Launching Apps and Careers- in the Classroom

In what became known as the "Facebook Class," a group of students at Stanford University were given repeated homework assignments of devising applications and getting people to use them. Not knowing the phenomenon they were about to create, the students, from the fall of 2007 class, ended up getting millions of users for the free apps they had designed to run on Facebook. As those apps gained popularity and began to run on advertising, the students started cashing in on those creations, some of them even making far more money than their professors, according to an article posted in The New York Times.

In what seemed liked an overnight operation, the class started the careers and fortunes of more than two dozen students and teachers. It also helped to get the ball rolling on a new type of entrepreneurship that has upturned the tech establishment – the lean start-up. According to the students, everything happened quickly and some of the student team’s apps netted $3,000 a day, morphing into a company that sold for a six-figure sum later. The students hardly even knew what was going on and how it blew up so fast, but they weren’t about to complain. At that time, cell phone users weren’t able to download every application available to their phones for personal use, so Facebook applications cornered the market and were a huge hit.

But with professors teaching students to build simple apps with the intention of getting them out quickly and perfecting them later, the students happened on what has now become a standard operating procedure for a new generation of entrepreneurs in Silicon Valley. With open-source software and lower "cloud" servicing costs, the long journey to build a product and a company has since become a much shorter one. The Facebook class knows first hand about the journey to a new wave of technology innovation. The 75 students, working in teams of 3, created apps that garnered 16 million users in just 10 weeks. The apps, most of which were silly ones, such as awarding "hotness" points to friends, were free for users but generated about $1 million in advertising revenue.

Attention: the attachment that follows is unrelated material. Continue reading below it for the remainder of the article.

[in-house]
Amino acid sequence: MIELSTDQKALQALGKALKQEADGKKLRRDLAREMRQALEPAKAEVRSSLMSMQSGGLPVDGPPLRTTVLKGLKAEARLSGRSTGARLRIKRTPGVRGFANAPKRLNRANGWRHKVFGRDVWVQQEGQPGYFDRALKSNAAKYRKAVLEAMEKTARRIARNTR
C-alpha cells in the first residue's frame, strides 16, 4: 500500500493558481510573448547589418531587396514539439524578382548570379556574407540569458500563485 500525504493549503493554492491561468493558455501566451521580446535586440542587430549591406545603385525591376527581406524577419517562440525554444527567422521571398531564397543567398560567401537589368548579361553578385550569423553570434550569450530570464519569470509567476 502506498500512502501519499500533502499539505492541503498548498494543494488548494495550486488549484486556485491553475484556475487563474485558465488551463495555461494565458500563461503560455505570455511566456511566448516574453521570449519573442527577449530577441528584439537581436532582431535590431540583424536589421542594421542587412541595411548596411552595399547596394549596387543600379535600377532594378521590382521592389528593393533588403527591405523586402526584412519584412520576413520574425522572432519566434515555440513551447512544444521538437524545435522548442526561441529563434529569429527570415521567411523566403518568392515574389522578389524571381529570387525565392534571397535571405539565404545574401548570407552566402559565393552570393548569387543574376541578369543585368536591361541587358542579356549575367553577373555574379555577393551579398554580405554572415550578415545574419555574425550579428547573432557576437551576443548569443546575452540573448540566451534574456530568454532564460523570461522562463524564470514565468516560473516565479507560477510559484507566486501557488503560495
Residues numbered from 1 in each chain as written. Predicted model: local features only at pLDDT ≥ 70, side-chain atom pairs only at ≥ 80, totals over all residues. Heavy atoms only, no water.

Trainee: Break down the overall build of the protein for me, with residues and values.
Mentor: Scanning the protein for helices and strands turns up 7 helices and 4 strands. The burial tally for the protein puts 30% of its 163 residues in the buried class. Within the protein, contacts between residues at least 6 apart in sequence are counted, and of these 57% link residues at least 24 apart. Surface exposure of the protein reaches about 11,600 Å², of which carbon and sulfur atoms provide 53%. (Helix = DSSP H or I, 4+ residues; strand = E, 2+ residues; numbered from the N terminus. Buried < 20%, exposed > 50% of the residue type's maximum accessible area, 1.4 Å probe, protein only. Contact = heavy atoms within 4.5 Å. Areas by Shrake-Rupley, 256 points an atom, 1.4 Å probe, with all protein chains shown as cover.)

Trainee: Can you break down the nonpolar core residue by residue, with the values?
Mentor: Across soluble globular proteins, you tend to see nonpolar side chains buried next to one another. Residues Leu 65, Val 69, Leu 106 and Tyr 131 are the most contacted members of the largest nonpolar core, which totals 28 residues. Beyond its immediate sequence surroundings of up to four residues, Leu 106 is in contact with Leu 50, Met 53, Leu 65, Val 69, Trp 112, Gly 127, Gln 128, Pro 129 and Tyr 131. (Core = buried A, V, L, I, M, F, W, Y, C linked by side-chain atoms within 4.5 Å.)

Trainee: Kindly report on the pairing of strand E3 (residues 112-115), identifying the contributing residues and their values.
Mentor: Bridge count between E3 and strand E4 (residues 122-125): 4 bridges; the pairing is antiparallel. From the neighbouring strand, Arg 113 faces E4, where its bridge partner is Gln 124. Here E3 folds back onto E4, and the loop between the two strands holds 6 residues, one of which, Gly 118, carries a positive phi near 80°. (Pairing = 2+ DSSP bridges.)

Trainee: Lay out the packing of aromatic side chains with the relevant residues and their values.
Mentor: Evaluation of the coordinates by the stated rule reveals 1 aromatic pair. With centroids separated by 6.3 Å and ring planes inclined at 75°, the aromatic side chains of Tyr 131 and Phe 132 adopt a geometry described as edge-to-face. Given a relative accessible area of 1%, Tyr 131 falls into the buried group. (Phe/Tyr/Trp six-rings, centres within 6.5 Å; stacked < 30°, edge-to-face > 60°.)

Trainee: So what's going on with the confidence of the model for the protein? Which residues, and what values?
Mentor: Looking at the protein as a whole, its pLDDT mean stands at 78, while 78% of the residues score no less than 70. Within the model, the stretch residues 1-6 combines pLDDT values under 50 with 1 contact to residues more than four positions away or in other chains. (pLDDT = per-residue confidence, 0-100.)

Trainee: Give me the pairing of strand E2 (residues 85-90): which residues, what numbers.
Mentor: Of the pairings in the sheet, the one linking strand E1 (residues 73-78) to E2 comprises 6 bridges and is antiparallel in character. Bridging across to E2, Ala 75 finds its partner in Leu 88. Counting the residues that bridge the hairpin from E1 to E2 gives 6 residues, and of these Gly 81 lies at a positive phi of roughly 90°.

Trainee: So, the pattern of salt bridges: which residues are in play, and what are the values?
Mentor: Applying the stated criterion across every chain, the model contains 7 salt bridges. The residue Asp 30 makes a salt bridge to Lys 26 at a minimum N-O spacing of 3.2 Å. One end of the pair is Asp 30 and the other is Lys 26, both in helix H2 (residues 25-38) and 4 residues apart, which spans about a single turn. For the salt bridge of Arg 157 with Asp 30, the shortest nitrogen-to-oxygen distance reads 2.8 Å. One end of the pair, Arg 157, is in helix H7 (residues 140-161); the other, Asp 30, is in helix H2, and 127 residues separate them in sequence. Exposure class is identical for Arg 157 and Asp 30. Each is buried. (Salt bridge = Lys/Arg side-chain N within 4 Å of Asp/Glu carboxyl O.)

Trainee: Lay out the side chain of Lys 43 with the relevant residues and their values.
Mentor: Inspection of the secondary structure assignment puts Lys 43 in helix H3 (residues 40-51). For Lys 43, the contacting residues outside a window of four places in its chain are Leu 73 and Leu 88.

With the success of apps on Facebook, many entrepreneurs decided to work on apps. While not of all them were a success, the ones that were helped to expand the number of Facebook users to nearly 700 million worldwide. Now, four years later, some of the students that have started their own companies say that building a business is much harder than creating an app. Many of the students sold their applications to businesses, some have joined successful start-ups, and others have started their own start-ups. Either way, the class was highly successful and paved the way for a number of start-ups and have possibly changed the journey to opening a new business in the field.

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